Read the rest in The Edmonton Journal.

New article for iloho.com: Hotel Yoga: Yea or Nay?

Hotel yoga is, to put it kindly, a mixed bag. The idea is so tempting – stretching out the last of your stress and getting into full vacation mode, all without leaving your hotel.

Sometimes, that blissful vibe is exactly what you get. But sometimes, hotel yoga can be far from the idyllic picture you have in mind. It’s tricky for hotels to cater to guests’ wide range of yoga abilities and knowledge. I’ve found the tendency can be to veer into advanced territory so that guests feel they really “got” something out of that class – even if what they get is pretty far from zen…

Read the rest on iloho.com.

Paris: Find Your Connection (A smashing story of love, a bridge, and a boat)

Expedia has a series of short videos about how travel bloggers have “found their” meaningful travel moments. One of my favourites features Trish Friesen (aka TripStyler) talking about how an early travel experience to Mexico shaped her view of travel — and of life. This got me thinking about the key moments in my own travel experience. Over the last five years, travel has become a fundamental part of who I am — as a writer, yes, but also as a person.

My “find yours” destination would have to be Paris. It’s the place my husband I return to again and again. It’s where we got engaged. It’s where we went on our honeymoon. I’ve written about Paris for iloho and for The Globe and Mail.

More specifically, my “find yours” place, the place that means more to me than any other travel destination, is the Pont des Arts. This was where my not-yet husband surprised me with a tiny lock he’d purchased at a local market, so we could join the tradition of lovers marking the permanence of their love by securing a lock to the bridge and throwing the keys into the river — something we’d seen on many trips, including our first, to Prague, years before. It’s where we returned a year later to mark our engagement with another lock, this time engraved with words that captured how we felt about the new journey we were embarking on together. And a year after that, it’s where we returned again to look for our lock, only to find the entire panel we’d secured it to had been removed. We thought perhaps our connection to the bridge was gone, though we consoled ourselves knowing our keys were still at the bottom of the Seine. And later that trip, we found the bridge still had a hold on us when the Batobus we were riding crashed right into it — quite a feat given the flat-calm waters and utterly straight path the Batobus takes along the river. Youch — that left quite a bruise.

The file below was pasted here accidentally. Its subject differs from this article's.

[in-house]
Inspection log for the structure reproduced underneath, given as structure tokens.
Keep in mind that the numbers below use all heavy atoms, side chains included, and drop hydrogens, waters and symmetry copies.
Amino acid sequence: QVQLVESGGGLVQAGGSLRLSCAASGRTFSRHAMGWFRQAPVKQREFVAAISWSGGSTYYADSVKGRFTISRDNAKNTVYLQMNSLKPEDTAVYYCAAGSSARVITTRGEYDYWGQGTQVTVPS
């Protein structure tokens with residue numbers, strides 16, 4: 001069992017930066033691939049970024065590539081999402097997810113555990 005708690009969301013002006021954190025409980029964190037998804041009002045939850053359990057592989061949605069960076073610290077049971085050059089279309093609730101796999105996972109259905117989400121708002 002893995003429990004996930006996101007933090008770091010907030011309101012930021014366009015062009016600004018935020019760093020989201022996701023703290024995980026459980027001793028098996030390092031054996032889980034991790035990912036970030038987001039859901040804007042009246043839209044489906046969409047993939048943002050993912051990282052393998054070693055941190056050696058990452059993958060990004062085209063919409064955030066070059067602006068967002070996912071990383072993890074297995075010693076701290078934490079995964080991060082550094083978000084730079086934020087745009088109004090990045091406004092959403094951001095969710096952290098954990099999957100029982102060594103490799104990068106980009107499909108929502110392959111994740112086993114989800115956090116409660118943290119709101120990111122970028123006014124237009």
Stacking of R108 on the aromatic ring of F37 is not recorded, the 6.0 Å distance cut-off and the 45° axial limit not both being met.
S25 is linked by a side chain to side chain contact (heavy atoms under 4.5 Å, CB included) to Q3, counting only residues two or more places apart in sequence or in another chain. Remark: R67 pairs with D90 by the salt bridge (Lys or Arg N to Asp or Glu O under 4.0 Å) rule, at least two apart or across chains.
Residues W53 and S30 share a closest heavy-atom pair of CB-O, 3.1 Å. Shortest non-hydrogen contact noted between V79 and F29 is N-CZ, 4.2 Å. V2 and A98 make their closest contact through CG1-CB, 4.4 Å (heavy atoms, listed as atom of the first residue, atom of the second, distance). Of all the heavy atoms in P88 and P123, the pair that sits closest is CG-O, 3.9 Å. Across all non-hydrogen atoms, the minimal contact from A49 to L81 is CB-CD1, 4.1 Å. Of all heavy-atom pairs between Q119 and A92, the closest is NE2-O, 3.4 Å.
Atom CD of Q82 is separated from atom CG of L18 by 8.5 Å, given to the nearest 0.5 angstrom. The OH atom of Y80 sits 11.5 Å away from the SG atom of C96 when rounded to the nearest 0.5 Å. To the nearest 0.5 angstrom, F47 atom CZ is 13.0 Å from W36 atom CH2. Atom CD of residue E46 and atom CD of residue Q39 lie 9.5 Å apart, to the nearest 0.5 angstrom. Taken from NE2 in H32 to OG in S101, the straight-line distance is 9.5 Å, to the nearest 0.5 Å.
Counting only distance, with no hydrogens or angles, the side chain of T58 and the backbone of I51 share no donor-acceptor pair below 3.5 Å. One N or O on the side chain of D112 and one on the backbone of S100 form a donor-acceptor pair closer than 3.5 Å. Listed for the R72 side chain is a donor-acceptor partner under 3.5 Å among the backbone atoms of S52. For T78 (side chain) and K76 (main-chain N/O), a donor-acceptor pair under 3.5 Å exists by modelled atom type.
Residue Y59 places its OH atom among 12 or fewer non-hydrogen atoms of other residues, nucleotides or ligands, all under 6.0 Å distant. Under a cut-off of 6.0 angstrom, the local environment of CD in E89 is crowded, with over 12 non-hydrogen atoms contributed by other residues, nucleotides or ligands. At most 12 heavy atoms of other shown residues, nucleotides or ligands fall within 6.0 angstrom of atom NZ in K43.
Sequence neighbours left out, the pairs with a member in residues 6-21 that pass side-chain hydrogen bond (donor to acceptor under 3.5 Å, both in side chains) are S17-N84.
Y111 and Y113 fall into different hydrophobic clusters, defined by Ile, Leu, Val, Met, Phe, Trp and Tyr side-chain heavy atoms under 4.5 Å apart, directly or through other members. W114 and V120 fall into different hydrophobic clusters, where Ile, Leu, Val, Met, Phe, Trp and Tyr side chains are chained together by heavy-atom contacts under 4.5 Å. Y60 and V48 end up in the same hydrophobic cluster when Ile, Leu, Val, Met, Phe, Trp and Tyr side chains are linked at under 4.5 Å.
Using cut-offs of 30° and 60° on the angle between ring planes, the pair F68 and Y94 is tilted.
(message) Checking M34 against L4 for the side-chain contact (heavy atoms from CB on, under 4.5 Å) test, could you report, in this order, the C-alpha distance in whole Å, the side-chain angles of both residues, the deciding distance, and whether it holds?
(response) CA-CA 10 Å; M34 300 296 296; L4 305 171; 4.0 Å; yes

If I were to have a “find yours” video, it would surely be the story of that bridge, and how it has featured in my life. What did I find, exactly? I found connection. First, of course, with my husband — and then, quite literally, with the bridge itself. It’s a special place. A place to which we will certainly return.

And really, isn’t finding connections what travel is all about? With a place, with the people who live there, with the people who travel with you — connections make travel (and life) richer and more meaningful.

Ah, it’s surely time to return to Paris soon. I wonder what the Pont des Arts has in store for us next…